Dodgy decisions from referees are all part of the fun of any World Cup – just as long as they’re fired at the other team and not the one you happen to be supporting. When and where you’re dealt such a blow though, the most common reaction is one of temporary rage, followed by quick acceptance that there’s nothing you can do about it. In the case of Croatia on the other hand, such is the fury following Japanese referee Yuichi Nishimura’s decision in the very first game of the championship that a rather more radical idea has been floated.
How best to protest and get the world to notice?
According to some fans – get the whole country to boycott sushi!
Now, on the surface at least this knee-jerk reaction seems to logical – a Japanese referee helped cost Croatia its place in the tournament, so to shun Japan’s national dish might get the point across. The thing is though, approach the subject with a touch of common sense and you begin to realise that it’s actually an idea that would do little more than deliver several crushing blows to Croatia and Croatia alone.
Here’s a quick look at the arguments for and against a national sushi boycott in Croatia:
If looking for justification for a sushi ban, you could argue that it’s not only a good way of getting your point across, but also a decent idea for making sure you hit the headlines. And if and when Nishimura gets wind of it, he might feel a bit guilty…that’s where the pros come to an end.
There are so many more reasons why a sushi boycott is by no means a good idea.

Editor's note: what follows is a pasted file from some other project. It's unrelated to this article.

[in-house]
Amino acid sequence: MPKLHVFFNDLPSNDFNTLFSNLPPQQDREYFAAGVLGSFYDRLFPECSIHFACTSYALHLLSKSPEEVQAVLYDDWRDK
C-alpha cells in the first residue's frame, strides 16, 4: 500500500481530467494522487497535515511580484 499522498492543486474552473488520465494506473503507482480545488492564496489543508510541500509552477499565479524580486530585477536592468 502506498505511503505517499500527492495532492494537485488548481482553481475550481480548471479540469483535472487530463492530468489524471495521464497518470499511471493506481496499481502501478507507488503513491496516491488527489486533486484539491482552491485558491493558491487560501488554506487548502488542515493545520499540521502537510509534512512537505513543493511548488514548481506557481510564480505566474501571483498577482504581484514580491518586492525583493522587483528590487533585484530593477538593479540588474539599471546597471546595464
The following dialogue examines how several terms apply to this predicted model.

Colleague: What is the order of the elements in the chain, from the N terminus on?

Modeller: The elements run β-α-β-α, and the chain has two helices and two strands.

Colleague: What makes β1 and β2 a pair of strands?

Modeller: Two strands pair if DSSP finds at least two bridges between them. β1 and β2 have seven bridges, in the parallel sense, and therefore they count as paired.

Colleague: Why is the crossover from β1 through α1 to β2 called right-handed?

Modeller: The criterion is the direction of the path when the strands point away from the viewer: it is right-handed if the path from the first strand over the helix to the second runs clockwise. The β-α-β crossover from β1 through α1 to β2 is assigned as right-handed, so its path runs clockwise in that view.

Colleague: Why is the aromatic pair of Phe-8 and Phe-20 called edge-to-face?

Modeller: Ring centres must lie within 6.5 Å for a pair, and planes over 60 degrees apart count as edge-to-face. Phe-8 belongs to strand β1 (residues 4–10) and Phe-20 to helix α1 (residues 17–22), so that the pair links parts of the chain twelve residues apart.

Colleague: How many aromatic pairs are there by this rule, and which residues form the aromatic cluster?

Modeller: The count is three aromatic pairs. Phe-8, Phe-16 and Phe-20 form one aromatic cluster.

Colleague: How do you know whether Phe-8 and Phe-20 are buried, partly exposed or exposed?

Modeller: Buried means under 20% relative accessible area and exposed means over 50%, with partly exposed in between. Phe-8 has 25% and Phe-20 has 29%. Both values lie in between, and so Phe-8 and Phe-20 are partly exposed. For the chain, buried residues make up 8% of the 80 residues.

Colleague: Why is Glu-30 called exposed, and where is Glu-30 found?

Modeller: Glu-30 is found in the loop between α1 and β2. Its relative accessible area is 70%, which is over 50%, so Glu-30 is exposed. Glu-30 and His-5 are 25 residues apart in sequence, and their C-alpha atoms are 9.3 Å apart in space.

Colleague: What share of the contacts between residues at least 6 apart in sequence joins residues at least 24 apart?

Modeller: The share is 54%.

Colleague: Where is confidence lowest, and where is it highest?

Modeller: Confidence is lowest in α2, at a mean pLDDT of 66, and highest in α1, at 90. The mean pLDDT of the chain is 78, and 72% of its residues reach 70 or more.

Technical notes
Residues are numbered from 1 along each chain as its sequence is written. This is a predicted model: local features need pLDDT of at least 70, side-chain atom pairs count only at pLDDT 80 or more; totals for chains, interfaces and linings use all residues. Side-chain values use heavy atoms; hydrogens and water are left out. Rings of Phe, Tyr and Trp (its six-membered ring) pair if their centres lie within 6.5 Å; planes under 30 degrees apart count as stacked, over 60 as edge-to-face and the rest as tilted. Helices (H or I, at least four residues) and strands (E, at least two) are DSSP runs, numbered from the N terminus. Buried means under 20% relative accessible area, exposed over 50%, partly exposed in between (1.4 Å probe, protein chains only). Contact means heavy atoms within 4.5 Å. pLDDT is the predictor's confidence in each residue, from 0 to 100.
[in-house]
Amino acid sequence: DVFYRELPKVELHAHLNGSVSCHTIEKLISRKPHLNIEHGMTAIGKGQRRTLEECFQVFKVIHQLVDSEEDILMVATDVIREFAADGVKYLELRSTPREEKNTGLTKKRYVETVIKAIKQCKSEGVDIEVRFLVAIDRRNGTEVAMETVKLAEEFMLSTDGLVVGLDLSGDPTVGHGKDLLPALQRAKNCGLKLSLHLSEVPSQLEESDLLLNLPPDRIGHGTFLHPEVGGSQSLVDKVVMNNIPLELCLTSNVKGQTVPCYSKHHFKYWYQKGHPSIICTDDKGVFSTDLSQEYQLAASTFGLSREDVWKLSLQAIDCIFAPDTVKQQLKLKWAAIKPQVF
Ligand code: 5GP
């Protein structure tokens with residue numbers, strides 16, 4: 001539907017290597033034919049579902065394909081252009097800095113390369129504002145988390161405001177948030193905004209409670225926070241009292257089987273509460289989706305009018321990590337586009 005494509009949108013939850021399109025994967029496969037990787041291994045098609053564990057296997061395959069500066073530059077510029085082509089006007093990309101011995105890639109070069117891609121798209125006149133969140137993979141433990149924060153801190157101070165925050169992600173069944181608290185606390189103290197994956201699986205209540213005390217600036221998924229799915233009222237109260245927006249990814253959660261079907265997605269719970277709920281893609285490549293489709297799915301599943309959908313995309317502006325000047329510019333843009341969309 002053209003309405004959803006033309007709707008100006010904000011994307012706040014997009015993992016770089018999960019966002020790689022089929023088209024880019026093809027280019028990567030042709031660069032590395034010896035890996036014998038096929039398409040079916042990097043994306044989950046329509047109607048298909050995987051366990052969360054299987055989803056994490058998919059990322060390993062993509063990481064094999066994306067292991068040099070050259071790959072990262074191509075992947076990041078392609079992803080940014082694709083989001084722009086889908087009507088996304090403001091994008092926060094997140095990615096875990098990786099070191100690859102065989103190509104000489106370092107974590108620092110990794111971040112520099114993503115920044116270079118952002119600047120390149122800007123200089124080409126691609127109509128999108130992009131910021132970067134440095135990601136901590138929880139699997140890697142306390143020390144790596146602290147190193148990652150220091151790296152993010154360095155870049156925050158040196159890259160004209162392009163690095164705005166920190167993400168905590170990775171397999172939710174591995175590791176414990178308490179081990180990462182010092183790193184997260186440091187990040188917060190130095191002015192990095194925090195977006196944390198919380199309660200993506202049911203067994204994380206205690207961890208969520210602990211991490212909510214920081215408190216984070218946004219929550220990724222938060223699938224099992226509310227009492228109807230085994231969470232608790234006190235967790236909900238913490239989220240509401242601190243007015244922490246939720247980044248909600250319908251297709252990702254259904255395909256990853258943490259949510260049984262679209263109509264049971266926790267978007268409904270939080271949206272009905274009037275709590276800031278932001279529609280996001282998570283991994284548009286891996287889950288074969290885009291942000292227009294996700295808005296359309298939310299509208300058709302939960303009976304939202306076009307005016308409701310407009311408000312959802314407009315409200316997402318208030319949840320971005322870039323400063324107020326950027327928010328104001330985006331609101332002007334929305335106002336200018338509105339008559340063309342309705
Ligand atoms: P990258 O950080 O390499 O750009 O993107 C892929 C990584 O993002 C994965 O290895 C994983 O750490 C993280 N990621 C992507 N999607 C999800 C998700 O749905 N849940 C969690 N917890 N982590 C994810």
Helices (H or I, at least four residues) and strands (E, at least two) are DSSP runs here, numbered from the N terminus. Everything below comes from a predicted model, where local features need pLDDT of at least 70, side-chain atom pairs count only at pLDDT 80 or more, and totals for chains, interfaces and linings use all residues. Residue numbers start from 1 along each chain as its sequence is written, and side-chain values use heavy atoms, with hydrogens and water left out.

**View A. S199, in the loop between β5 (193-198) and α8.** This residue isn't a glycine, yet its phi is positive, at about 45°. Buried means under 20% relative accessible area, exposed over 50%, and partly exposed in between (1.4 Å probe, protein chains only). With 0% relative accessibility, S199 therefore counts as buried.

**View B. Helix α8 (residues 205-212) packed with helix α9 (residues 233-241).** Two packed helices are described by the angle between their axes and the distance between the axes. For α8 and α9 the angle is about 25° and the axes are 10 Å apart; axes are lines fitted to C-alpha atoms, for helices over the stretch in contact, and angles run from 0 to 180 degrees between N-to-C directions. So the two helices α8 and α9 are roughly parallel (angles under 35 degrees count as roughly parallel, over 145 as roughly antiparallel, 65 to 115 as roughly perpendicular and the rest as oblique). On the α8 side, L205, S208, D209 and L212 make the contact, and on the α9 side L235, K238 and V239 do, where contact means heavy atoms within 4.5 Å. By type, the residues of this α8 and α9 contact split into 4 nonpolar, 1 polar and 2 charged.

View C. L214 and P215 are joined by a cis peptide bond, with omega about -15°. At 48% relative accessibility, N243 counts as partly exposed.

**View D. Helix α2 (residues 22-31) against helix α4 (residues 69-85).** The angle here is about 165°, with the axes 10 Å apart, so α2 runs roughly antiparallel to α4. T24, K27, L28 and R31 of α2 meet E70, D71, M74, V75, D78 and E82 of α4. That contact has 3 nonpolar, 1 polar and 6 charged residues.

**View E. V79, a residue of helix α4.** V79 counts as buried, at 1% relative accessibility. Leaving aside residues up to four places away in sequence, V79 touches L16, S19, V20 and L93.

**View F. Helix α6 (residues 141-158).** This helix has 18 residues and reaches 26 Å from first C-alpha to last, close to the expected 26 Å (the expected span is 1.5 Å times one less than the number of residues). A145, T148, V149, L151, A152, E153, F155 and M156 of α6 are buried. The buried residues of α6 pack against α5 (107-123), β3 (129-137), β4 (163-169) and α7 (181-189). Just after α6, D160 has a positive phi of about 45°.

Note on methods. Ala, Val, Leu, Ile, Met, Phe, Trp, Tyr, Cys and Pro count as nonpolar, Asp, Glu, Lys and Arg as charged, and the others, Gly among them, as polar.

First and foremost, a single referee in a football game does not represent the interests or opinions of an entire country. It’s worth bearing in mind that if we were to ban the national dishes of every referee that’s ever made a bad decision, the nation’s restaurant menus would be rather sparsely populated.
Next up, exactly how can a sushi ban negatively affect Japan, if enforced in Croatia? How much of the fish, the garnishes and the general ingredients for sushi in Croatia come directly from Japan? The answer is almost none at all, which means that even if the whole country did stop eating sushi, chances are Japan wouldn’t even notice.
And finally, to boycott sushi in Croatia would in fact do little other than see thousands of jobs lost by Croatian nationals that had nothing to do with the whole Japanese referee controversy. It would damage the country’s economy, put thousands of people out of work and see tens of thousands give up a food they love for no benefit at all, other than that of trying to prove a point.
It’s a classic case of trying to spite an individual – or in this case a whole nation’s cuisine – but ending up doing yourself and your own interests more harm than good in the process.